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2015-01_dc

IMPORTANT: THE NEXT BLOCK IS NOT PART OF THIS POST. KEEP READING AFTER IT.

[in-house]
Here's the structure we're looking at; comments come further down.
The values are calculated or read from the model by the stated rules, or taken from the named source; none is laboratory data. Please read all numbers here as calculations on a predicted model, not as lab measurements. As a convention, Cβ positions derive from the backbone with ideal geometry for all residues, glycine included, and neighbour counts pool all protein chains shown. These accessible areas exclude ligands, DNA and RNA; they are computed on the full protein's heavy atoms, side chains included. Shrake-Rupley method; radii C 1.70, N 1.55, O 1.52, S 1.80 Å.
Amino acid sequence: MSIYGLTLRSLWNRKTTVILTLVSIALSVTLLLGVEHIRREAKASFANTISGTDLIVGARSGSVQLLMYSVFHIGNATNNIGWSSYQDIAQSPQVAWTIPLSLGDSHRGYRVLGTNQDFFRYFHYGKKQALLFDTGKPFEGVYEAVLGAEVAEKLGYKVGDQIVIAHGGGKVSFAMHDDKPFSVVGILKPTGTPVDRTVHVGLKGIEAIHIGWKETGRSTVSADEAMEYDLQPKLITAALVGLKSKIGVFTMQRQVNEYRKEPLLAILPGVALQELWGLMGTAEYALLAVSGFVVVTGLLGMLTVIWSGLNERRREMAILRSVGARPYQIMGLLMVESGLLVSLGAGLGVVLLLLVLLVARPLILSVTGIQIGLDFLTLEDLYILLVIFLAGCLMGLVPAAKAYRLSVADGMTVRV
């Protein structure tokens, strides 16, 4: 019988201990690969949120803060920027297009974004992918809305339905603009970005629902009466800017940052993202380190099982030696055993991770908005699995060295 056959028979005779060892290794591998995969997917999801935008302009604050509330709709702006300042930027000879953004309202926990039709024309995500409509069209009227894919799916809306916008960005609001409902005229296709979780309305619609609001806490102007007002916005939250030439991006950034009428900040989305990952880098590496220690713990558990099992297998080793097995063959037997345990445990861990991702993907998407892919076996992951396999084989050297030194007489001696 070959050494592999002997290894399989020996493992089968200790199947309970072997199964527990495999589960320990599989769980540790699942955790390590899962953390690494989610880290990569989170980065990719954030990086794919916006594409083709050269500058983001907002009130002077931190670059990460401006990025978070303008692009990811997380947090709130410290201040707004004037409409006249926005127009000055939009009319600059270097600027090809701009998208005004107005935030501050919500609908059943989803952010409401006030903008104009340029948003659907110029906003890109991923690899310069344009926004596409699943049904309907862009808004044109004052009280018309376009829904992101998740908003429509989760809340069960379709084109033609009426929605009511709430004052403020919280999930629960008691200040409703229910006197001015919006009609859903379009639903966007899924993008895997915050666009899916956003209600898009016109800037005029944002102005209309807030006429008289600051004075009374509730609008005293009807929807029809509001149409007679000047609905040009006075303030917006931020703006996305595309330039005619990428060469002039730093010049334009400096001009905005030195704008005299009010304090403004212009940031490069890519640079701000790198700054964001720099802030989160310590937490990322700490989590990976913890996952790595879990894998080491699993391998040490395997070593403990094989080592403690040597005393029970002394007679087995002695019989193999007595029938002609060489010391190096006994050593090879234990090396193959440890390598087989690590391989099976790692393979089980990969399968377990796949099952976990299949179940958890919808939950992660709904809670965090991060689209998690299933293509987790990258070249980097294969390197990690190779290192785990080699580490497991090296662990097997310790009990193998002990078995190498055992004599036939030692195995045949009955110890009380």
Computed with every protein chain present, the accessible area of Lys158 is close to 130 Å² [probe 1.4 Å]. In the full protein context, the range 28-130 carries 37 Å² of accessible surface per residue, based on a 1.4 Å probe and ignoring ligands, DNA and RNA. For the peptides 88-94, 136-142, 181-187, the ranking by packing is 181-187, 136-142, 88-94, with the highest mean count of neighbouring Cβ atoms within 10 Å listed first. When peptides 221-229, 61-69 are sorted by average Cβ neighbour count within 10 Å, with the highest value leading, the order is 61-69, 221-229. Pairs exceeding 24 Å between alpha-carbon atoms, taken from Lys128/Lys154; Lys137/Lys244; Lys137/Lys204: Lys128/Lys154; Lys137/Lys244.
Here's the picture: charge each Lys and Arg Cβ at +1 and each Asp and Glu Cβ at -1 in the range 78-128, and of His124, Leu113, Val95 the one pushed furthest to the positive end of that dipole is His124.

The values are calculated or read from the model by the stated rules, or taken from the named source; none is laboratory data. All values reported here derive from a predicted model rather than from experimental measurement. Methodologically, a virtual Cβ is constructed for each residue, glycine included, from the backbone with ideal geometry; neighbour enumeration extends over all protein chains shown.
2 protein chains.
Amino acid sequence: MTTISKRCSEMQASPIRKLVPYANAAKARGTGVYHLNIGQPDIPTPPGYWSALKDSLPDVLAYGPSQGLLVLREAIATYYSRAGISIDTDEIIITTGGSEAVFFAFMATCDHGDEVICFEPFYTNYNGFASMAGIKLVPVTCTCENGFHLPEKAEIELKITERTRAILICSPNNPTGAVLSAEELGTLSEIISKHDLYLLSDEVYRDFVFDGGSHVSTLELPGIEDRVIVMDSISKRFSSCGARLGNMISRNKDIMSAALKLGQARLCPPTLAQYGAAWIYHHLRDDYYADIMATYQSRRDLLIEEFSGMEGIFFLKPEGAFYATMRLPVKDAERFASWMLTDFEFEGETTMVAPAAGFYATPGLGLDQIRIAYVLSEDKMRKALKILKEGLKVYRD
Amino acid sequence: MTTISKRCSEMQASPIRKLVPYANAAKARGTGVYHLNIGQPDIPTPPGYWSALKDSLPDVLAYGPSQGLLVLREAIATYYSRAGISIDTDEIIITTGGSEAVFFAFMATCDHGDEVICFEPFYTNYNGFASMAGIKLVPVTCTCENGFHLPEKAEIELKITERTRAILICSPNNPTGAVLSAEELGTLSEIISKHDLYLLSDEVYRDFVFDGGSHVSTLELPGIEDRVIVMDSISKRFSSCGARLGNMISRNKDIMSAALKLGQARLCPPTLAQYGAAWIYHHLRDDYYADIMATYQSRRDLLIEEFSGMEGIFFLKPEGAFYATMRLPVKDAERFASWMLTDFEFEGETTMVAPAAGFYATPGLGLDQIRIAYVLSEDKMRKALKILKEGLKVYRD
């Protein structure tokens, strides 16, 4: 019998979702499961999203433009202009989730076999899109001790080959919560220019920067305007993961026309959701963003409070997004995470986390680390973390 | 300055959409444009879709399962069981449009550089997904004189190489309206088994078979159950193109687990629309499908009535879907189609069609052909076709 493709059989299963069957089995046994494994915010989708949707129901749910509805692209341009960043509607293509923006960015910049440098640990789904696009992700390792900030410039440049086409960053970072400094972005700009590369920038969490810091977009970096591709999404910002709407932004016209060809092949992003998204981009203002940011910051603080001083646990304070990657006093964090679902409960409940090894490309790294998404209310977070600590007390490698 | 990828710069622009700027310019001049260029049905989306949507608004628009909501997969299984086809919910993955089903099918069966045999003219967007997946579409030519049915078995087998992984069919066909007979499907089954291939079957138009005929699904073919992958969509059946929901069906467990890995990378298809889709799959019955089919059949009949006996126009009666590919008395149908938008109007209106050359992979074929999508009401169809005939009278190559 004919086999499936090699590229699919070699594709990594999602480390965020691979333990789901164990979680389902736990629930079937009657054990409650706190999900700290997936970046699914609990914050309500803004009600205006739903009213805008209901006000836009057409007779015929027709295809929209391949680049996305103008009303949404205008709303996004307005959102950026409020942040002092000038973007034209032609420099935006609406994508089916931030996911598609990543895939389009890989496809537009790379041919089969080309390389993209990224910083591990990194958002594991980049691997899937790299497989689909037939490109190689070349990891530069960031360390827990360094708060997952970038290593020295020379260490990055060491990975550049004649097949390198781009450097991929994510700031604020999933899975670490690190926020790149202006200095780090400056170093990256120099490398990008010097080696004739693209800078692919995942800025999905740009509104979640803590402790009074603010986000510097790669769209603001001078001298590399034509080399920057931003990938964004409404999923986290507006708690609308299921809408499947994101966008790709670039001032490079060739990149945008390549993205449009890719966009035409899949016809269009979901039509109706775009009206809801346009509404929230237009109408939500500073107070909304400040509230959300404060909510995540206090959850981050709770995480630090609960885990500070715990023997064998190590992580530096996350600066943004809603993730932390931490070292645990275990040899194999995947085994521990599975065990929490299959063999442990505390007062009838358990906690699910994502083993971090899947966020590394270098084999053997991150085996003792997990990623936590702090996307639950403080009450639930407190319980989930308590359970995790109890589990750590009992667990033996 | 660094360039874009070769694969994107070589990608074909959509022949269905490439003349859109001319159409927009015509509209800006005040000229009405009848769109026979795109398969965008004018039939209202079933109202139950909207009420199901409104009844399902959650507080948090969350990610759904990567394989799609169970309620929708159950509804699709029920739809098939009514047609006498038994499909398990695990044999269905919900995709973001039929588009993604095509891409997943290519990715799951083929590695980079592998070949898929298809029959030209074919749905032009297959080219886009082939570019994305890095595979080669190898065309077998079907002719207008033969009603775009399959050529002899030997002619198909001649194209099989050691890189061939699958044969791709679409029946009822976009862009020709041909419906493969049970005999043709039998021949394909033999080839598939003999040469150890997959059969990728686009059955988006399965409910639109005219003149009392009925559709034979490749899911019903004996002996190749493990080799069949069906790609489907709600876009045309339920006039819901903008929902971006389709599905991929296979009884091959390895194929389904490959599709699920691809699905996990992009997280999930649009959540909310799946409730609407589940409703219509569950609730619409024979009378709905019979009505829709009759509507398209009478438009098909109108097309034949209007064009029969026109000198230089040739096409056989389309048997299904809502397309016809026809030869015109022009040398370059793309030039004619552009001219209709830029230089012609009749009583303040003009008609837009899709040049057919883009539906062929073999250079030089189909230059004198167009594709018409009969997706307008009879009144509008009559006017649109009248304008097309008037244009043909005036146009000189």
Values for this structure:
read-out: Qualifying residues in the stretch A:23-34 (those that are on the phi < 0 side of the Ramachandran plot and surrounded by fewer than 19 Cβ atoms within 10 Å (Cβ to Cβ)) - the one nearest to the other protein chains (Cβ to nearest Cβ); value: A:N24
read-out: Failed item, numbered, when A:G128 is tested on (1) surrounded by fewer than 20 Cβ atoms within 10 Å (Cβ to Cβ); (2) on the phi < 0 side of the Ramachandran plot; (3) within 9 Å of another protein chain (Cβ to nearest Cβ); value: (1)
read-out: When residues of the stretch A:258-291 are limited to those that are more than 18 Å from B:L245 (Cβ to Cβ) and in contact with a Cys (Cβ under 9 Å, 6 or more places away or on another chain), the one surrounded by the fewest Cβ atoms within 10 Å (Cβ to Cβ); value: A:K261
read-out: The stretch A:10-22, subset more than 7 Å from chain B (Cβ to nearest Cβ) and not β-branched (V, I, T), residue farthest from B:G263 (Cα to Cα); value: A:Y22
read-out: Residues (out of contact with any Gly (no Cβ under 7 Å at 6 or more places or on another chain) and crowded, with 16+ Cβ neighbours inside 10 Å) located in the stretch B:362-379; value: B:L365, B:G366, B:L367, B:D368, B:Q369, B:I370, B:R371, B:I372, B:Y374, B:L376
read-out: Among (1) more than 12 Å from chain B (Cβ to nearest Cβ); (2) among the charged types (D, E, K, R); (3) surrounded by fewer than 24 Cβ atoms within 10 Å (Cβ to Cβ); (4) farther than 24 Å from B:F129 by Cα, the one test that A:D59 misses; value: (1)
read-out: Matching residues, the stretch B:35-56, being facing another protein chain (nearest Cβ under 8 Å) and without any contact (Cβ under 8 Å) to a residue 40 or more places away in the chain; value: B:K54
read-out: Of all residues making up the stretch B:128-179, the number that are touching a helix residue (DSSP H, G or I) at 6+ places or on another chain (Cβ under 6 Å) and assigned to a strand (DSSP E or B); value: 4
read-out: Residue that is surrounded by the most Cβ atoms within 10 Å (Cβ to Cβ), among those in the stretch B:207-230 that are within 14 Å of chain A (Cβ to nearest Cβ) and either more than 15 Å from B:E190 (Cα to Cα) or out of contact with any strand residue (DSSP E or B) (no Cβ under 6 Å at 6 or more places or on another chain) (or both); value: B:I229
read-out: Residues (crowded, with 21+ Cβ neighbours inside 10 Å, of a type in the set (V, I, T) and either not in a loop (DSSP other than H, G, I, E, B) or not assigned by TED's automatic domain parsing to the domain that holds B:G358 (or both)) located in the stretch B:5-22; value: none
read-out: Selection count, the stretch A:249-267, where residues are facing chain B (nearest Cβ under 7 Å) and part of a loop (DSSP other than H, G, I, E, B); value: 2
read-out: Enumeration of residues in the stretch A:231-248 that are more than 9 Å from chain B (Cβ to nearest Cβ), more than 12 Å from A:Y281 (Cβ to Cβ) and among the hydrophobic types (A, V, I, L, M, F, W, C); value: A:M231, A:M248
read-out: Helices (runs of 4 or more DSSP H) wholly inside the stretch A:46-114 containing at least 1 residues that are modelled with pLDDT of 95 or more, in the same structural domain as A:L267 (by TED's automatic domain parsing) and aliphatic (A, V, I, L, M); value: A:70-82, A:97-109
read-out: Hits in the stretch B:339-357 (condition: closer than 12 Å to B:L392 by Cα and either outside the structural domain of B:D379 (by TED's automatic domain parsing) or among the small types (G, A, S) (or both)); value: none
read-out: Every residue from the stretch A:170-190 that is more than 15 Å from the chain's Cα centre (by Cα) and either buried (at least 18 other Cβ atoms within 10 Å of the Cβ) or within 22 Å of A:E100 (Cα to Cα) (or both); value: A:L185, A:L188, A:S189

4 D+C Vol.42.2015:1 Monitor Experts are discussing what kind of development impulses China is giving Africa. A recent publication by the ­independent think tank Südwind as- sesses China’s performance as devel- opment partner. Since 2000, China has emerged as an important player in Africa. Its “going global” strategy is mainly about making direct investments abroad. These invest- ments usually serve the purpose of safe- guarding access to commodities. The Chi- na Exim-Bank and China Development Bank are two large public-sector institu- tions that support Chinese investors in Af- rica, where some 2,000 Chinese compa- nies are currently active. In 2011, the People’s Republic of China became Africa’s most important trading partner, ahead of the USA. According to Südwind, around 90 % of Chinese imports from the continent are raw materials. In 2012, oil alone accounted for around 48 %. China’s exports to Africa are almost exclu- sively manufactured products, however, from cargo ships to air conditioners, com- munications technology, shoes and plastic goods. Africa’s trade with China thus dif- fers very little from its trade with Europe. According to the authors, the data on Chinese investments in Africa is unsatisfy- ing. They cite a lack of transparency and state that statistics are complicated, so it is a challenge to distinguish profit-oriented business from real development assis- tance. According to estimates, Chinese de- velopment aid amounts to somewhere be- tween $ 1.5 billion and $ 18 billion. There is no doubt that the sums officially trans- ferred from China to Africa without profit intentions have increased in recent years, the authors state. From 2000 to 2010, some 1,500 projects in 50 African coun- tries were funded with Chinese assistance. The most important organisation for China’s relations with Africa is the Forum for China-Africa Cooperation (FOCAC), which was founded in 2000. The Südwind experts argue that the purpose of this con- ference of ministers is to strengthen eco- nomic, political and development-ori­ented cooperation. The guiding principles for the Chinese side are: Strategic partnership at eye-level that of- fer win-win opportunities for both sides: “new” south-south partnerships are not supposed to follow the example of the donor-recipient relations that typically mark north-south cooperation. South-south cooperation A Chinese company that owns a copper mine in Zambia helped building a football stadium in the capital, Lusaka. China’s role in Africa

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